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    Credit Union Takes a Step Back to Better Align Hispanic Outreach Efforts

    Posted by on December 10, 2013

    With 40 percent of its local market claiming Hispanic heritage, the growth path of People’s Trust Federal Credit Union, headquartered in Houston, Texas, was pretty clear: It would be critical to make a strategic investment in expanding the credit union’s Hispanic outreach efforts.

    In 2008, People’s Trust began advertising on Spanish television network Telemundo. After a couple of years, however, that effort was put on hold. The People’s Trust leadership team challenged the staff to better understand how the credit union could serve its current and future Hispanic members before advertising. “Our Sr. Management asked us some really tough questions to get us thinking more strategically about our outreach efforts, including how we were internally supporting these members,” said Patsy Jalomo, People’s Trust marketing manager. “We realized that we were not prepared to tackle this alone, and that we needed help from people who have expertise in the Hispanic market.”

    Through its relationship with the Cornerstone Credit Union League, People’s Trust was referred to Coopera, and a partnership between the two companies was formed. In February 2013, Coopera conducted a Hispanic Opportunity Navigator (HON) of the local Houston market for People’s Trust, and according to Jalomo, the results were a real eye-opener for the credit union.

    “The HON confirmed what our Sr. Management team suspected, specifically that we were not as prepared to serve the Hispanic market as we needed to be,” said Jalomo. “We had the bilingual staff to support our initiatives, but we were missing other basics, like bilingual marketing collateral and documents. We also realized we need to take a closer look at our product  portfolio to determine if we had the right mix to meet the financial needs of our Hispanic consumers.

    “The HON research highlighted where our opportunities were and where we needed to focus our attention,” said Jalomo.

    With more to accomplish before the credit union could expect to successfully reach the Hispanic market, People’s Trust made the decision to slow the pace of implementation and follow the direction recommended by the HON. “The HON really made our discovery process much simpler,” said Jalomo. “Coopera did an excellent job of really looking into the data, understanding it and giving us a solid recommendation of how to move forward.”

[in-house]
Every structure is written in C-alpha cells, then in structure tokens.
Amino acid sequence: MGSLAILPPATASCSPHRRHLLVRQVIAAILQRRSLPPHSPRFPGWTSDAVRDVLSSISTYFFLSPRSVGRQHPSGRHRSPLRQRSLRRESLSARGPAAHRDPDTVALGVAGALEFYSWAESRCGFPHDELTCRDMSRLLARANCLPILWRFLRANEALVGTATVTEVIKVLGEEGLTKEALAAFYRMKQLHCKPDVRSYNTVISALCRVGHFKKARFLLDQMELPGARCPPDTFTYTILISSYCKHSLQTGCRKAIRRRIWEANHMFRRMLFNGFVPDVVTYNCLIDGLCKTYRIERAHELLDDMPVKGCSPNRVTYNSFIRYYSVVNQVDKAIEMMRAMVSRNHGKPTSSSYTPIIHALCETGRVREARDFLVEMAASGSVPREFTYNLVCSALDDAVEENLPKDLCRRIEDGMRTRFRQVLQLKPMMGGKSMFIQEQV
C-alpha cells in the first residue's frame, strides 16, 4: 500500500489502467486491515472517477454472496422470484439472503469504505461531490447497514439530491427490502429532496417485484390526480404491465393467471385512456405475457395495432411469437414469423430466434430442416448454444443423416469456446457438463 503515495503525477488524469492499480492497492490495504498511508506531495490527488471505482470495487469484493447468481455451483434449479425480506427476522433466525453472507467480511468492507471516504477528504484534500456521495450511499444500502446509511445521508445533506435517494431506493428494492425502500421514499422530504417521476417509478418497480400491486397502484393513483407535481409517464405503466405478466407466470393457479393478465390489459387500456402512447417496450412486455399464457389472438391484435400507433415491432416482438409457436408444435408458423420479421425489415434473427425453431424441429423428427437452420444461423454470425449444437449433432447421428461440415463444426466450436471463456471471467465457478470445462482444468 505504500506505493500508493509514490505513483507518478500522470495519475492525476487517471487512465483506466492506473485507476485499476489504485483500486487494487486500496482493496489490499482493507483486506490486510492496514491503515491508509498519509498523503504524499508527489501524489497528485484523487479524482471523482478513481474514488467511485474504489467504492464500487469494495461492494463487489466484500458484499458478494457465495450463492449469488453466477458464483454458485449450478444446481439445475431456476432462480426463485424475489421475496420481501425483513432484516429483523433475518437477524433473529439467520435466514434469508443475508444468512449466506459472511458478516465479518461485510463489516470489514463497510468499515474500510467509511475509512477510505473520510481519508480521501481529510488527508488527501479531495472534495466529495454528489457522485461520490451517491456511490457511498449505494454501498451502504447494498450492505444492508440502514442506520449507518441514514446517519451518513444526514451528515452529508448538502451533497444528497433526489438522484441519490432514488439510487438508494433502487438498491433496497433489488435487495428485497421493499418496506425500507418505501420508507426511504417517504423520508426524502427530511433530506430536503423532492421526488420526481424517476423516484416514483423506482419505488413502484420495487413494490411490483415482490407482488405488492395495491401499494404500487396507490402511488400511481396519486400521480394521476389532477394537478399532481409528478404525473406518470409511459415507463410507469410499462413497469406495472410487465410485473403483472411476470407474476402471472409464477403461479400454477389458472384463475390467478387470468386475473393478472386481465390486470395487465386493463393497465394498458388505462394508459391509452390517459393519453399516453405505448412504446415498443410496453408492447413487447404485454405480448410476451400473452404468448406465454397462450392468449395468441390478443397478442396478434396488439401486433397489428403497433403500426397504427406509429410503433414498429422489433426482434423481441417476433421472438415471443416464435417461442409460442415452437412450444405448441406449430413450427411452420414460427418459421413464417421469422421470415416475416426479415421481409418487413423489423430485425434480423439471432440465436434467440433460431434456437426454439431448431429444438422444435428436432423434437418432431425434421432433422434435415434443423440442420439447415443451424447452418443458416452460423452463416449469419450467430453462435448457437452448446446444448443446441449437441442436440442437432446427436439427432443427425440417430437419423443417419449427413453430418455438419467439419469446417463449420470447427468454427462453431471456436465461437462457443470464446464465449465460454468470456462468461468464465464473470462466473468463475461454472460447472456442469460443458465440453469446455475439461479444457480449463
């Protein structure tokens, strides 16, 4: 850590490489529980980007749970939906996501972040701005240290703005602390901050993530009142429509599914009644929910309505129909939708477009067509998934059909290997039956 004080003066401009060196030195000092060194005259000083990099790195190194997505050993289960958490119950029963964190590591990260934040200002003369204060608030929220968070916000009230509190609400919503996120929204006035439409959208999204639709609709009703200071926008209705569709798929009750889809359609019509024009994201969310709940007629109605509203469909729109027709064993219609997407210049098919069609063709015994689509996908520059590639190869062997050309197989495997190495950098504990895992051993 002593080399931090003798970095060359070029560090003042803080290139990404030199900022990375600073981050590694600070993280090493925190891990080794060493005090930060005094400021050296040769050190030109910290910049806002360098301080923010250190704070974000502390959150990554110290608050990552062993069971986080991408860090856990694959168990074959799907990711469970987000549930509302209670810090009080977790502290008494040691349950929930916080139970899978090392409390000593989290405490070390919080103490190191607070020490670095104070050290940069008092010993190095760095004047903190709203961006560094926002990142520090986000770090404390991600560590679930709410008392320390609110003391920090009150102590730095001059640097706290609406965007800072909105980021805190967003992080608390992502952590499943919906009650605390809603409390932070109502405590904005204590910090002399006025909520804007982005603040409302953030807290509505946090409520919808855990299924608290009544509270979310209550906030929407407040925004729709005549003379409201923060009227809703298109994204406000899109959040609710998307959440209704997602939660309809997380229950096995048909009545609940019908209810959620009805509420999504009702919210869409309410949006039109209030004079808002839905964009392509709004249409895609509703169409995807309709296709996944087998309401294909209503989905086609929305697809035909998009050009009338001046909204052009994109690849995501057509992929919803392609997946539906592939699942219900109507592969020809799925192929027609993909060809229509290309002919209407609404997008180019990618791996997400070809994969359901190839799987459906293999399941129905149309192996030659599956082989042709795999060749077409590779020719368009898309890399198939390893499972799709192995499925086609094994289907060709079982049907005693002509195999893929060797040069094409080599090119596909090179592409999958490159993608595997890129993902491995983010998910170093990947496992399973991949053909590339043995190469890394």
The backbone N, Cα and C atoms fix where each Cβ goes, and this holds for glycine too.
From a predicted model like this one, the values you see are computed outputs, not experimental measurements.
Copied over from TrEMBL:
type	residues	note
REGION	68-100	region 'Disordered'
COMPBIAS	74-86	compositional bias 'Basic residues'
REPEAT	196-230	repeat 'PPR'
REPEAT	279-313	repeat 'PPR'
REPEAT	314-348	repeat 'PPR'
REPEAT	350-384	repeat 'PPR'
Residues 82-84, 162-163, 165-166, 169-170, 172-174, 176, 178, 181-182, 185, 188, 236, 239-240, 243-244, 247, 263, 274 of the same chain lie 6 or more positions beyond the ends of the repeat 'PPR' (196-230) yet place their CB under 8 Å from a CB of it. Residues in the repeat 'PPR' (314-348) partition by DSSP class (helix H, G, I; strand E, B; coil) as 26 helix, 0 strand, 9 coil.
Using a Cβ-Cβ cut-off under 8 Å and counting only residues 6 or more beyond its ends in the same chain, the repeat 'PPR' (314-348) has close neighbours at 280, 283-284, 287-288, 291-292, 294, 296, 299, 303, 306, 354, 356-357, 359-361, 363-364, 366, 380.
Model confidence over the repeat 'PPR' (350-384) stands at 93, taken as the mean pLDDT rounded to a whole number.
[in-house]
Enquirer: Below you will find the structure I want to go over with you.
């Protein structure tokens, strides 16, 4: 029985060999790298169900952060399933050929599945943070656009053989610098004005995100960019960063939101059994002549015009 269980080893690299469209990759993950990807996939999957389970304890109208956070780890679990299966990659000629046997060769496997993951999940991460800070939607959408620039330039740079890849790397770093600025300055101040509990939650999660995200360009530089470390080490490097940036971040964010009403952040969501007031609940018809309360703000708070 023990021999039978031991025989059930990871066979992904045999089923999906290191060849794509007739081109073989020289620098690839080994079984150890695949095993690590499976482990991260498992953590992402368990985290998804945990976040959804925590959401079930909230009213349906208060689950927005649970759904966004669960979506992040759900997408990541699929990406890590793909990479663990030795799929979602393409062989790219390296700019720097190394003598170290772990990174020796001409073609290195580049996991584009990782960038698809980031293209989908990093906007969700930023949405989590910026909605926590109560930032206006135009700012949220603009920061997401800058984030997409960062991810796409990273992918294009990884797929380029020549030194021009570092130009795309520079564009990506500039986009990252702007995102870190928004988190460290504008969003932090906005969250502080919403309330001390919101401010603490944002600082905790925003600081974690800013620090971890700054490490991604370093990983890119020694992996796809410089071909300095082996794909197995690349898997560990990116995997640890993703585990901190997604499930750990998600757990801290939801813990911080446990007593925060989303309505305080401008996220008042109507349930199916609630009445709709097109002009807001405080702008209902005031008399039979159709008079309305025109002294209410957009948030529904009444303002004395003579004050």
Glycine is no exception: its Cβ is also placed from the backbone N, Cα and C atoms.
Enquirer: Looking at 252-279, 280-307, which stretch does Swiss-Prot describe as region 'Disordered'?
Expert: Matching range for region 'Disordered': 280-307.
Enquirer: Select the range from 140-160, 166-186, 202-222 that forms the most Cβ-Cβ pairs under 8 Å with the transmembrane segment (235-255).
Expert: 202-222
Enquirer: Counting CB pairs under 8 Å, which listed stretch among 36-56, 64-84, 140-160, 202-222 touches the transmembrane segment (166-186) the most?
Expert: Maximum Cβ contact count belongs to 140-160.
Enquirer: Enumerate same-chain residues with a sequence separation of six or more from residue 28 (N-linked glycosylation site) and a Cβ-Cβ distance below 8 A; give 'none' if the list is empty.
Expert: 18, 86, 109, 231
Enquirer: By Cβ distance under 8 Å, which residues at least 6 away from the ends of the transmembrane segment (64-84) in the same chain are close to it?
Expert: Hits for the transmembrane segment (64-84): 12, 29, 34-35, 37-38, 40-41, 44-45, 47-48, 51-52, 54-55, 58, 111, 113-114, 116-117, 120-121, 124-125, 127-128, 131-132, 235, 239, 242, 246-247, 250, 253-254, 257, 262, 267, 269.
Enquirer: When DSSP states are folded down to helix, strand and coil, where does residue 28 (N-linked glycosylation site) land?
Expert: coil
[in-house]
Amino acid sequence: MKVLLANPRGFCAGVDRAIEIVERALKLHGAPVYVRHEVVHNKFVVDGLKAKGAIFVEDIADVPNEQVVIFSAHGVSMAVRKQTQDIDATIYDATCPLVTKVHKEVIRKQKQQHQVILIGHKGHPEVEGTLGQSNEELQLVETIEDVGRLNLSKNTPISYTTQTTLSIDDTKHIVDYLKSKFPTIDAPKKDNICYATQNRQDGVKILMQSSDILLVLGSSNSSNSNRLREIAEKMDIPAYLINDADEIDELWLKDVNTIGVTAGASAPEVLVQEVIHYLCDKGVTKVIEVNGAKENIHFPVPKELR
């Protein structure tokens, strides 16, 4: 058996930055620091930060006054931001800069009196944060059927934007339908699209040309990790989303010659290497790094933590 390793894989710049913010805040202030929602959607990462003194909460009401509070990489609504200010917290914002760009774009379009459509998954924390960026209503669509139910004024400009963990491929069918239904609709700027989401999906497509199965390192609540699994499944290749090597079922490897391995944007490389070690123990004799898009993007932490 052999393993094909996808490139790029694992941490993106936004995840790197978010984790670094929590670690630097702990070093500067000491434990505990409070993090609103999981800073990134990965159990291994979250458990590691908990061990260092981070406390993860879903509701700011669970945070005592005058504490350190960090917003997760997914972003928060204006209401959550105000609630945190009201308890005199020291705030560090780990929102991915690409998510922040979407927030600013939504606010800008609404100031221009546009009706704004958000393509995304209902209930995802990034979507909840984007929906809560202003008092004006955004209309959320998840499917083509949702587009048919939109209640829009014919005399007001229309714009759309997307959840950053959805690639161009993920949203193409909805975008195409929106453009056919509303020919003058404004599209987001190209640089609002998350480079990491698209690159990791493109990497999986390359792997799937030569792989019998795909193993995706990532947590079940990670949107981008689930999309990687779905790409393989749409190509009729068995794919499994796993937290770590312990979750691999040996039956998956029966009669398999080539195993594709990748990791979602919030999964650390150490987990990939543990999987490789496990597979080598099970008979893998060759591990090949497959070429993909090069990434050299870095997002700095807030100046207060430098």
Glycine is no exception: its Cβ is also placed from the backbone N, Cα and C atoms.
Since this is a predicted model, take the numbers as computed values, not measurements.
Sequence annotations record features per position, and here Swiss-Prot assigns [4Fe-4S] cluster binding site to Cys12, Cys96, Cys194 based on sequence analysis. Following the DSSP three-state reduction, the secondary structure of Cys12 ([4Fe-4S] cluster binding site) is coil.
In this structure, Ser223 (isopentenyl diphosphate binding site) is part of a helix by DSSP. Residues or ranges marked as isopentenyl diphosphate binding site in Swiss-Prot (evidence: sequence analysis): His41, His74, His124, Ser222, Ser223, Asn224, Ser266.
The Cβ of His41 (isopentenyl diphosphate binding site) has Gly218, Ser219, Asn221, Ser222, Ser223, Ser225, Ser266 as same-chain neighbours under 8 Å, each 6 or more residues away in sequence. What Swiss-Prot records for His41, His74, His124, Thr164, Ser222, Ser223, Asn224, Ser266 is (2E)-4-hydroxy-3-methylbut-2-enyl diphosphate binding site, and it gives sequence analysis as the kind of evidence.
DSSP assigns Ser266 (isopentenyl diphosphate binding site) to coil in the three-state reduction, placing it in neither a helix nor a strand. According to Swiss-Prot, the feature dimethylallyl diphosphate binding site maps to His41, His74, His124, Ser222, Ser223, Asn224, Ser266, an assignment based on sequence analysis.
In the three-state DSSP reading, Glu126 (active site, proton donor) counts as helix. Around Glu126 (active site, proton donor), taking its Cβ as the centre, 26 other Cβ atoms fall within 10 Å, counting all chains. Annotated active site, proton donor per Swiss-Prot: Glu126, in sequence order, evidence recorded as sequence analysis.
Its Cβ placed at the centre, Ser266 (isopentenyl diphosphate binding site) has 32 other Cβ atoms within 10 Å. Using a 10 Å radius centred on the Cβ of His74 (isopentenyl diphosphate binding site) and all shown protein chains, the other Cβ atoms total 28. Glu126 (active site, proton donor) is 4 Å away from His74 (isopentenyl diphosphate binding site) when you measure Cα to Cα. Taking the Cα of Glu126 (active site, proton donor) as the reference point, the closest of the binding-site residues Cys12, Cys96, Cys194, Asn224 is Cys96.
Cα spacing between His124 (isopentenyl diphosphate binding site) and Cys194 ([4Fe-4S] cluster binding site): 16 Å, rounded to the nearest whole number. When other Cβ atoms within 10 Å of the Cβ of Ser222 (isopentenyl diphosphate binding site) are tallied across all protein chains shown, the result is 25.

Following Coopera’s guidance, People’s Trust used the results of the HON to quickly classify its primary and secondary markets in the local Hispanic community. The credit union also identified its goals for the Hispanic outreach initiative, including membership and loan volume growth, as well as increasing the credit union’s products-per-member ratio — extensions of the credit union’s overall strategic growth goals.

    From there, the credit union put together an internal task force, composed of staff from each of the credit union’s departments, to work closely with its outreach implementation team to identify tasks, set timelines, assign roles and responsibilities, as well as host strategic planning sessions and manage expectations. “The big question from our staff and our leadership teams has been ‘How soon can we get things in process and completed,’” said Jalomo. “With our task force and implementation teams now working so closely together, we anticipate needing 4 to 6 months to get everything in place and formally launching our efforts in June (2014).”

    Although slowing down the Hispanic outreach process may, at first, have seemed counter-intuitive to the credit union’s growth goals, Jalomo confirmed it’s been the right decision. “Hispanic outreach is definitely a priority for People’s Trust,” said Jalomo. “Yet, we don’t want to make it too urgent that we miss the strategic intent. There is a lot to do, and we want to do it right.

    “Targeting Hispanics is not a quick fix to our membership growth goals,” finished Jalomo. “It’s a long process that requires a lot of patience and investment in time and effort, and we’re committed to its success.”